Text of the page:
Fifty years after passage of the Civil Rights Act of 1964, we have learned that formal equality is not enough. Title VII may have helped professionals crack glass ceilings and other women leave pink-collar work for better paying blue-collar jobs, but it does little to tear down maternal walls. Today feminist lawyers seek to deploy it as one tool against what Joan Williams in 2000 dubbed “family responsibility discrimination,” which severely impacts low-waged workers in jobs with little flexibility. However, paid care workers, disproportionately African American and immigrant women of color, turn elsewhere in their quest for recognition, dignity, better working conditions, and higher wages. Union organizing and bills of rights are the preferred tools of nannies, cleaners, and elder-, child-, and home-care workers of all sorts. These workers are leading the way toward a new social justice movement that values “caring across the generations,” fights for living wages, and recognizes the interdependence of us all….

Title VII, the Rise of Workplace Fairness, and the Decline of Economic Justice, 1964–2013

Source: Touré F. Reed, Labor Studies in Working-Class History of the Americas, Vol. 11 no 3, Fall 2014
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…While the rise of diversity reflects the conservative turn in American politics since the 1980s, diversity’s disregard for economic inequality can be traced in part to the limitations of Title VII. To be sure, Title VII has succeeded in opening opportunities to minorities and women while making the workplace “fairer” for everyone. Nevertheless, its narrow focus on employment bias helped establish a framework that divorced discrimination from the structural roots of poverty and unemployment. Indeed, the Kennedy and Johnson administrations’ commitment to commercial Keynesianism precluded comprehensive antipoverty initiatives of the sort proposed by Secretary of Labor Wirtz or even Senator Humphrey’s S1937. Though much has changed since 1964, the employment opportunities available to minorities and women remain bound to the trajectory of the broader economy. The high rates of black unemployment and poverty today, for example, are a reflection on the health of the sectors of the economy that have employed a disproportionately large share of African Americans – the public sector, manufacturing and construction, transportation, and retail and service. Title VII is, of course, still relevant to the life chances of underrepresented groups. Nevertheless, if the endgame is simply to secure a seat at an ever-shrinking table, more and more minorities and women will remain standing in the unemployment line….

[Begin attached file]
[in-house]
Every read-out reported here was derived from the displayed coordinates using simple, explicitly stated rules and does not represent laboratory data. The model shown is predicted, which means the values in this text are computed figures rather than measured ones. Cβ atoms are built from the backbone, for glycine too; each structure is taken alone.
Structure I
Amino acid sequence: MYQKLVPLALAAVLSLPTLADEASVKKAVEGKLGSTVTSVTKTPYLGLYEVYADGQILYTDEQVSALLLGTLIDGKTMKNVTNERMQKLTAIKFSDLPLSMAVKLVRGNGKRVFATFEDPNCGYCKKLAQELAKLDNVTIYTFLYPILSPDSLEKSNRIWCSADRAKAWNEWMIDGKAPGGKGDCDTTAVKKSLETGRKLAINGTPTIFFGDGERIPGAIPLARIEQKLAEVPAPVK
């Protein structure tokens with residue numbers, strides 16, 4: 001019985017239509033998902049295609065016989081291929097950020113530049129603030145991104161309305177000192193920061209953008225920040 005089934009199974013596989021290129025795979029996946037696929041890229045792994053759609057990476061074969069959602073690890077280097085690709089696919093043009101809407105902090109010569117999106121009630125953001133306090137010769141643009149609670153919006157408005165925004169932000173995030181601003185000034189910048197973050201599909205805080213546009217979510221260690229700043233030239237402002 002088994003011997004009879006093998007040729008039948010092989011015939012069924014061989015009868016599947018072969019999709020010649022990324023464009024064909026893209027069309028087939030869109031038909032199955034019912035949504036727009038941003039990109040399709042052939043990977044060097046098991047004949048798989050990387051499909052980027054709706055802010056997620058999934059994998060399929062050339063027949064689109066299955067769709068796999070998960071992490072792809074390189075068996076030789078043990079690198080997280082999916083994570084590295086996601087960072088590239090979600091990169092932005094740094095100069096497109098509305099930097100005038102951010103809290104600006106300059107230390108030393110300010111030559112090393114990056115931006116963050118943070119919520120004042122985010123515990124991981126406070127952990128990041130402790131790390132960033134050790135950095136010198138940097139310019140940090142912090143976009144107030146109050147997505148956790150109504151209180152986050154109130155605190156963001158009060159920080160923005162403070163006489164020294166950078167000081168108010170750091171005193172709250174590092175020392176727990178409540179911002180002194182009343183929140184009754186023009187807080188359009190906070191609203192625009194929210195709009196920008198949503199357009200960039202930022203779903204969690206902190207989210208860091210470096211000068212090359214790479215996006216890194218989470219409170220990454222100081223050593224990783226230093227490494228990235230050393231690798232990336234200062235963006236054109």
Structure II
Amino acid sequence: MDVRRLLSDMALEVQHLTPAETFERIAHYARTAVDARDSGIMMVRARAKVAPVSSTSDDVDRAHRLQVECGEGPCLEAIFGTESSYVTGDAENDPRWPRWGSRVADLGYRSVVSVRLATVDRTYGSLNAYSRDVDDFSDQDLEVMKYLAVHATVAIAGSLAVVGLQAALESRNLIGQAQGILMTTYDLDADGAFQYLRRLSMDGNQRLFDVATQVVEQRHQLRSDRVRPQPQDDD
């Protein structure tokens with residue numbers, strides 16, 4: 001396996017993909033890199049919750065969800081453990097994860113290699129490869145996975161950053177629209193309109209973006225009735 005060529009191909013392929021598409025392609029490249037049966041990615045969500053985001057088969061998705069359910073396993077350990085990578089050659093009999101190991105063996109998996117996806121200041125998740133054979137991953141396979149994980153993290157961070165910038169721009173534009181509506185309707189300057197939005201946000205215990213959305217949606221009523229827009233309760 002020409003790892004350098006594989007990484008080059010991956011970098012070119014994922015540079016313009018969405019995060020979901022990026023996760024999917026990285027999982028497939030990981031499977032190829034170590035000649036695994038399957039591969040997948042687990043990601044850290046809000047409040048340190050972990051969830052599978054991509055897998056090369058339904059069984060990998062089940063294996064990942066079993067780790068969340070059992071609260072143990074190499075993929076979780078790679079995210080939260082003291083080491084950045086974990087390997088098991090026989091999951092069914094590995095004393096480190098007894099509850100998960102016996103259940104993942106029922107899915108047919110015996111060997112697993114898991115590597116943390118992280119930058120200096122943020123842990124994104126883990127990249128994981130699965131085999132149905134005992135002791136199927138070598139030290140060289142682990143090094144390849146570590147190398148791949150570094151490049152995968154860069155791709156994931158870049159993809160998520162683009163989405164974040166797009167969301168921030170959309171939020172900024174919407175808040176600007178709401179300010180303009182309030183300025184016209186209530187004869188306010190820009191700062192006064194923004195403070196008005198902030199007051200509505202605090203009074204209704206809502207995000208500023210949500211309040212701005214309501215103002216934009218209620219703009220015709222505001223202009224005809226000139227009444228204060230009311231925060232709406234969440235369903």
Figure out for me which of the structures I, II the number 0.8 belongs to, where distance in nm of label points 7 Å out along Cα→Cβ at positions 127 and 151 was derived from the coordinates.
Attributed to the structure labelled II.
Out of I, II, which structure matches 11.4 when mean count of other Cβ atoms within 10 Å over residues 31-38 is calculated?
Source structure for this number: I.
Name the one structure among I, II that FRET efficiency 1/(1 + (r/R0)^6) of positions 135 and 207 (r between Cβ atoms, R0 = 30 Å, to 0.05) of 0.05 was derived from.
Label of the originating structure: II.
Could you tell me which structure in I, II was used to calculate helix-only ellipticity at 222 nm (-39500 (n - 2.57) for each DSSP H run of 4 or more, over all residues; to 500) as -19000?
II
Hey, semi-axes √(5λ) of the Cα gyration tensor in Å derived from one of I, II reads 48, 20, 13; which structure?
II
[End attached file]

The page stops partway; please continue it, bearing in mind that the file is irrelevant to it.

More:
“The Largest Civil Rights Organization Today”:Title VII and the Transformation of the Public Sector

Source: Thomas J. Sugrue, Labor Studies in Working-Class History of the Americas, Vol. 11 no 3, Fall 2014
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In a 1966 interview, Gloster Current, a longtime official at the National Association for the Advancement of Colored People (NAACP), told historian August Meier that he considered the “federal government the largest civil rights organization today.” Current captured the most important economic impact of the long black freedom struggle: government had become the single most important agent of African American economic advance in the last third of the twentieth century. “Public employment,” write historians Michael Katz and Mark Stern in their systematic survey of twentieth-century census data, “became African Americans’ distinctive occupational niche.” In 2000, a remarkable 43 percent of black women and 19 percent of black men worked in government and state-related jobs. Those jobs served as a buffer against deindustrialization and an alternative to rapidly proliferating, poorly paid service-sector and retail jobs. “In 2000,” Katz and Stern show, “the median income for blacks who worked full time in the public sector exceeded the income of black private sector employees by 15 percent for men and 19 percent for women.” They conclude: “Public and state-related employment have thus proved the most powerful vehicles for African American economic mobility and the most effective anti-poverty legacy of the Great Society.” That government employment would be the major vehicle for black advancement was by no means inevitable, even when Current made his optimistic statement in early 1966…..